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The Yule Log

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Yule is the name of the old Winter Solstice festivals in Scandinavia and parts of Northern Europe and dates back to pre-medieval times. Originally, an entire tree would be brought into the house with great ceremony. The log was believed to have magic properties which ensured good luck during the coming year to those who helped to pull it over the rough ground.

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Illustration of people collecting a Yule Log from the Chambers Book of Days. 1832. Wikimedia Commons

In earliest times the log would be burned on a fire pit in the centre of the room. Later on, once chimneys became common and the hearth stood against a wall, the largest end of the log would be placed in the hearth whilst the rest stuck out into the room. It would be lit with the remains from the previous year’s log and would continue to burn throughout the twelve days of Christmas.

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The custom of the Yule Log spread all over Europe, and in each country different woods would be burned. In England, oak was common; in Scotland, it was birch. In France they chose cherry and often sprinkled the wood with wine to give a pleasant smell as it burned.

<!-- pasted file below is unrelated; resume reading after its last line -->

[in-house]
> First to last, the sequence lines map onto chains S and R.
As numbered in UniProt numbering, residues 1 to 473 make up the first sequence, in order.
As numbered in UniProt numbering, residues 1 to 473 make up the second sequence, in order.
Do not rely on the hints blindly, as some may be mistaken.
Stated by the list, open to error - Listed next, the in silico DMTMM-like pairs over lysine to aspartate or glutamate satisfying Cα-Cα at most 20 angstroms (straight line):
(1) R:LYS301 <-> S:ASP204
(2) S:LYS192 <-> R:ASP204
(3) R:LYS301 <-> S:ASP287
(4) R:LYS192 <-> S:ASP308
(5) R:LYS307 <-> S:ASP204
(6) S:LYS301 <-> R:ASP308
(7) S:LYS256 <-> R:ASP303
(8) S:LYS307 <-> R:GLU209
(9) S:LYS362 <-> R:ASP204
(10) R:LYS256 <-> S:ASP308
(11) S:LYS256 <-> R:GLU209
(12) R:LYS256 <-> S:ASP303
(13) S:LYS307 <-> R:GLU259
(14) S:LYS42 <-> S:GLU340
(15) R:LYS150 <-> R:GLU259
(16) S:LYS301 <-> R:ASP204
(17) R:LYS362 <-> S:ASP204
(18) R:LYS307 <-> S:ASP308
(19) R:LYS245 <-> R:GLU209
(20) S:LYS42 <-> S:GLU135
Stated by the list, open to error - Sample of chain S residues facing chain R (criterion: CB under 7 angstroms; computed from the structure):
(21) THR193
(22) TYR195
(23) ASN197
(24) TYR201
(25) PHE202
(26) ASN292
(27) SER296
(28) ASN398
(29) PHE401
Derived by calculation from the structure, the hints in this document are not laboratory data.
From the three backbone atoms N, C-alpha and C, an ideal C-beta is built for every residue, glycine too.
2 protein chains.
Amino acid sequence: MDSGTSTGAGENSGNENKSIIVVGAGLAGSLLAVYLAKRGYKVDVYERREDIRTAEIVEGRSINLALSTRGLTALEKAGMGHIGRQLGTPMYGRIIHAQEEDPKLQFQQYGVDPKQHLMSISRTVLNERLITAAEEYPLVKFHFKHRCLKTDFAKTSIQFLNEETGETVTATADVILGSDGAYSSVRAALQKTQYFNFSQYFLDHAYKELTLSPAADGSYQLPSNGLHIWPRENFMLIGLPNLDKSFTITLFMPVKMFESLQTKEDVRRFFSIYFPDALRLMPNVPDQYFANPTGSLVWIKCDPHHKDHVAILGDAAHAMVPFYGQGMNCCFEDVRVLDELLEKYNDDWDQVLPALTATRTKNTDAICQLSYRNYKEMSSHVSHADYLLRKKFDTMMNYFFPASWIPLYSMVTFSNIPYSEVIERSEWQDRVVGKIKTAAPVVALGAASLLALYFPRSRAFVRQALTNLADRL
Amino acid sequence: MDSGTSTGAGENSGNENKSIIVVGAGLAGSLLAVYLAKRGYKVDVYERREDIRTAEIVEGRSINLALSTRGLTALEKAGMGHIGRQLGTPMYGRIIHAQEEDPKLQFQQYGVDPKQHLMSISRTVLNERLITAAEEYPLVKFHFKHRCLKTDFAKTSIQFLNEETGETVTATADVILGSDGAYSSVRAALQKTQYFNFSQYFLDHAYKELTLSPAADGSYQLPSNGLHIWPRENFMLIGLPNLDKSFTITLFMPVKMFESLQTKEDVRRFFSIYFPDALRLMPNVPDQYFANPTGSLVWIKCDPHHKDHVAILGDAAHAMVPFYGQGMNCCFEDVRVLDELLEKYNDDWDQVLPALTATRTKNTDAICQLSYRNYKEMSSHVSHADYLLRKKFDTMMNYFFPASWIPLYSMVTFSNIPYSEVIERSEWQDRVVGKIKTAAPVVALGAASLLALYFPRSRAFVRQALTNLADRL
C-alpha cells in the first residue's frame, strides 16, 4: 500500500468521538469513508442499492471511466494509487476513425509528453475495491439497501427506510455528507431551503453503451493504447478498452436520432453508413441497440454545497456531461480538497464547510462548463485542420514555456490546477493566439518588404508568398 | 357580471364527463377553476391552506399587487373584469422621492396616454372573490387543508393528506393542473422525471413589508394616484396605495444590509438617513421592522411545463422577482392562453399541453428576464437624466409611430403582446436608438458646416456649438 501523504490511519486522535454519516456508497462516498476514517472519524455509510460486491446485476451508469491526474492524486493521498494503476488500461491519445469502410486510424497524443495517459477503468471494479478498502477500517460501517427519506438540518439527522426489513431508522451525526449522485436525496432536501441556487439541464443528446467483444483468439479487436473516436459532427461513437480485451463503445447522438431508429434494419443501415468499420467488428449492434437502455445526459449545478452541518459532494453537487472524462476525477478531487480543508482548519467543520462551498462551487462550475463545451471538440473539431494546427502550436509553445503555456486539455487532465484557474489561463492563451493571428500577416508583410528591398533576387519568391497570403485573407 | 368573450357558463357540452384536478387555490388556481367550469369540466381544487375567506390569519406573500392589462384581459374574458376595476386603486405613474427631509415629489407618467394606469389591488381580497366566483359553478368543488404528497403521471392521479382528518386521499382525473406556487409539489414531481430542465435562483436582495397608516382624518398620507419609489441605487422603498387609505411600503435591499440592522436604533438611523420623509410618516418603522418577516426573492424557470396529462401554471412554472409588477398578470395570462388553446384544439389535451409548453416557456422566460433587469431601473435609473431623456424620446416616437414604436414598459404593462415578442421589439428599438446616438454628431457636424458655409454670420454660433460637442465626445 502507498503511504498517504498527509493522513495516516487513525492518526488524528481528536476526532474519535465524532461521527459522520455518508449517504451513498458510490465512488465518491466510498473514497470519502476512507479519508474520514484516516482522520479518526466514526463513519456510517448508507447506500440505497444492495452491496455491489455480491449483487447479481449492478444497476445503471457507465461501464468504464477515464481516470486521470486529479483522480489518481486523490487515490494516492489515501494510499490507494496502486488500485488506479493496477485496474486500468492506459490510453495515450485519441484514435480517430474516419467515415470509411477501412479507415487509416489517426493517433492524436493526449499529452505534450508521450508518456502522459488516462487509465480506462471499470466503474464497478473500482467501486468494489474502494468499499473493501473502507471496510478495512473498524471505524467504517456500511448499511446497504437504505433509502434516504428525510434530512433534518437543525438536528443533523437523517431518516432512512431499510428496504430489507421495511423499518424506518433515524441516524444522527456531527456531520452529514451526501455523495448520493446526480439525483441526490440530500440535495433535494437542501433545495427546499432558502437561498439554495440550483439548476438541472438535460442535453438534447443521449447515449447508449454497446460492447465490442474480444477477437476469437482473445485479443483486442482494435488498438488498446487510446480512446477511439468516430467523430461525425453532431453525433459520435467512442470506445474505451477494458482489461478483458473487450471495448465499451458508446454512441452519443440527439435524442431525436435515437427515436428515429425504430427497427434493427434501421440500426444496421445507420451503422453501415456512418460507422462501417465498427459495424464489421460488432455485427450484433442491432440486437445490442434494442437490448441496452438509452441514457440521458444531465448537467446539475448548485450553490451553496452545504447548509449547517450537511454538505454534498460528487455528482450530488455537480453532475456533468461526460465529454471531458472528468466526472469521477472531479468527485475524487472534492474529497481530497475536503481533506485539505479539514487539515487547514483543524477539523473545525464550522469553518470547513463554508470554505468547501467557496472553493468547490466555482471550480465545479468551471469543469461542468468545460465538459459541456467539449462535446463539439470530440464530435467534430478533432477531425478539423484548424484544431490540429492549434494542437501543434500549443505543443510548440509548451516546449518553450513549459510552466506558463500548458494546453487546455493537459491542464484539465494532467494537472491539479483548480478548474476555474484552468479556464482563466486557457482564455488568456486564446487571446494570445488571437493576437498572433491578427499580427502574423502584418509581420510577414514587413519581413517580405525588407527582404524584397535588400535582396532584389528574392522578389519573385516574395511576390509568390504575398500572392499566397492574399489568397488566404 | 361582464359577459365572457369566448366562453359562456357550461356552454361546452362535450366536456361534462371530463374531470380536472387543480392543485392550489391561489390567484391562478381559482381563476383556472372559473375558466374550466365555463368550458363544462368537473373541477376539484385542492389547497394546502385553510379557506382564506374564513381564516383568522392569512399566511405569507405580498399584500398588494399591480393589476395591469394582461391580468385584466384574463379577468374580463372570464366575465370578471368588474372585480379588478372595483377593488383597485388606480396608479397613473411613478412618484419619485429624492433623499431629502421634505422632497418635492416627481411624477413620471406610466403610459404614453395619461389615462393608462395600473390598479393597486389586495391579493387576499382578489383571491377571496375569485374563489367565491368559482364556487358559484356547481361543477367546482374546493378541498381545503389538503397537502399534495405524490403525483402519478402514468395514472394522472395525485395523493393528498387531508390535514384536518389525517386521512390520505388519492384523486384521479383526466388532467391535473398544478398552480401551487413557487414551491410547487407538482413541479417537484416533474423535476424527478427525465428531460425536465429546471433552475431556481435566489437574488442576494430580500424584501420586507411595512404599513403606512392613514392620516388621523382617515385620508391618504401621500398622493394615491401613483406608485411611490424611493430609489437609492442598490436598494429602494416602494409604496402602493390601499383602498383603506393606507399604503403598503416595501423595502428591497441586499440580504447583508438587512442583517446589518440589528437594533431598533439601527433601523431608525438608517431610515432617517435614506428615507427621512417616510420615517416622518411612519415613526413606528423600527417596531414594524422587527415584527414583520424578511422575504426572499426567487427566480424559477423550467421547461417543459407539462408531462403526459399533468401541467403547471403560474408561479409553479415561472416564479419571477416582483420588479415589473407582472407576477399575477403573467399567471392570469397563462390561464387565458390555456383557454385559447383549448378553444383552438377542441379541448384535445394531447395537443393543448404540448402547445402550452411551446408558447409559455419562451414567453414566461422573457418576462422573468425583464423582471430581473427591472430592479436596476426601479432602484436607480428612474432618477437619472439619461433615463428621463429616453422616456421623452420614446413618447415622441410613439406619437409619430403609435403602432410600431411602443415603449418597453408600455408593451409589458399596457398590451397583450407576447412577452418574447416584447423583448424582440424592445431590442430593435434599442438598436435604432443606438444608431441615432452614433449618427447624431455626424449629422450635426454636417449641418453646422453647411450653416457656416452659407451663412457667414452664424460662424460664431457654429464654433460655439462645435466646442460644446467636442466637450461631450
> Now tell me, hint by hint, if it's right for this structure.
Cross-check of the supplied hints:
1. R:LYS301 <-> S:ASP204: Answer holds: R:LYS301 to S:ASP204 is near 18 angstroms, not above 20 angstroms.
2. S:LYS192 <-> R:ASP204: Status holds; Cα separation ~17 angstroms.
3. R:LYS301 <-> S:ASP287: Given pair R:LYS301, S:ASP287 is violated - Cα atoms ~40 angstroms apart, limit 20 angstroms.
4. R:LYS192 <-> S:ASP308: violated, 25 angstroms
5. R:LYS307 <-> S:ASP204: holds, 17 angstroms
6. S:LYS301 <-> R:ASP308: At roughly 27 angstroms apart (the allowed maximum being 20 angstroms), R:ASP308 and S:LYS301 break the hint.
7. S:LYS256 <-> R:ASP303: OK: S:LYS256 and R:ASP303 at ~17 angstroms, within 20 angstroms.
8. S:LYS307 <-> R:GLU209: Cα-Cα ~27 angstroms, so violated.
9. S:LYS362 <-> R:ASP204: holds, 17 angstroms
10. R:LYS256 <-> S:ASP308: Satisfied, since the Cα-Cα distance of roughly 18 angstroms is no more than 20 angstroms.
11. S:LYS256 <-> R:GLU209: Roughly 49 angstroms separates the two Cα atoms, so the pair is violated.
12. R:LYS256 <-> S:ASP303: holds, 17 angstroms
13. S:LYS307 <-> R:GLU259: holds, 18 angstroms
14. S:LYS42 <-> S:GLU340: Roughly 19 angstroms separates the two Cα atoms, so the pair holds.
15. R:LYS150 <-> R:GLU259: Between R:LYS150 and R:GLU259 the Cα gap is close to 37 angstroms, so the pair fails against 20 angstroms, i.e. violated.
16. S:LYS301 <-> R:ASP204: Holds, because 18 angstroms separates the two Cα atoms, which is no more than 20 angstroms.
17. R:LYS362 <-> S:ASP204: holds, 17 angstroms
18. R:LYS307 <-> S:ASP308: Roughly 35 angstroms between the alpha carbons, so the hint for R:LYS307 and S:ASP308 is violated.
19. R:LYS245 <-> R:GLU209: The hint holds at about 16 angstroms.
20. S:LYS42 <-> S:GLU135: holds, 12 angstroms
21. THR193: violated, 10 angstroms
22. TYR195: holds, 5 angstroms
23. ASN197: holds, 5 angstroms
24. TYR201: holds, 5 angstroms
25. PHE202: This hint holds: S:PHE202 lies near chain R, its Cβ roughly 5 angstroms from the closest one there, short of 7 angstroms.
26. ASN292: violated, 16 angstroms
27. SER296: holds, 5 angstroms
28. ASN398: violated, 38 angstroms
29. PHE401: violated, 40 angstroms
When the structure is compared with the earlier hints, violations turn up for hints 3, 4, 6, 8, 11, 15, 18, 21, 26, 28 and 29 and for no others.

Today the custom is generally only remembered as a log-shaped chocolate cake (usually a Swiss roll) which is eaten around Christmas.

shutterstock_228205918In Viking times the celebrations were accompanied by various rites to the different gods as well as the usual feasting and drinking. Here is one very short section from my first book, Shadow of the Raven, which briefly describes some of the activities the people enjoyed. Ulf is the main character and Jorund is a young boy who has recently undergone a great trauma.


shutterstock_123315433December came and with it the celebrations of the Yule. Ulf helped Rico to loop thick ropes round a huge oak log and drag it across the frozen earth into the hall, where the women and children decorated it with sprigs of fir and holly. Throughout the festivities it smouldered in the hearth, helping to bring light and cheer to the darkest time of year. A wild boar was sacrificed to Frey, the god of fertility, to ensure a good growing season in the coming year, with warm days and gentle rain. A goat was slaughtered, and people dressed in goatskins and sang in honour of Thor, who rode the skies in his chariot pulled by two goats. The roasted meats were eaten during the celebratory feasts, and unlimited supplies of ale and mead kept everyone in festive mood.

And Jorund smiled for the first time since October.

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Thor in his chariot pulled by two goats

It sounds as though a fun time was had by all . . .

Merry Christmas to everyone!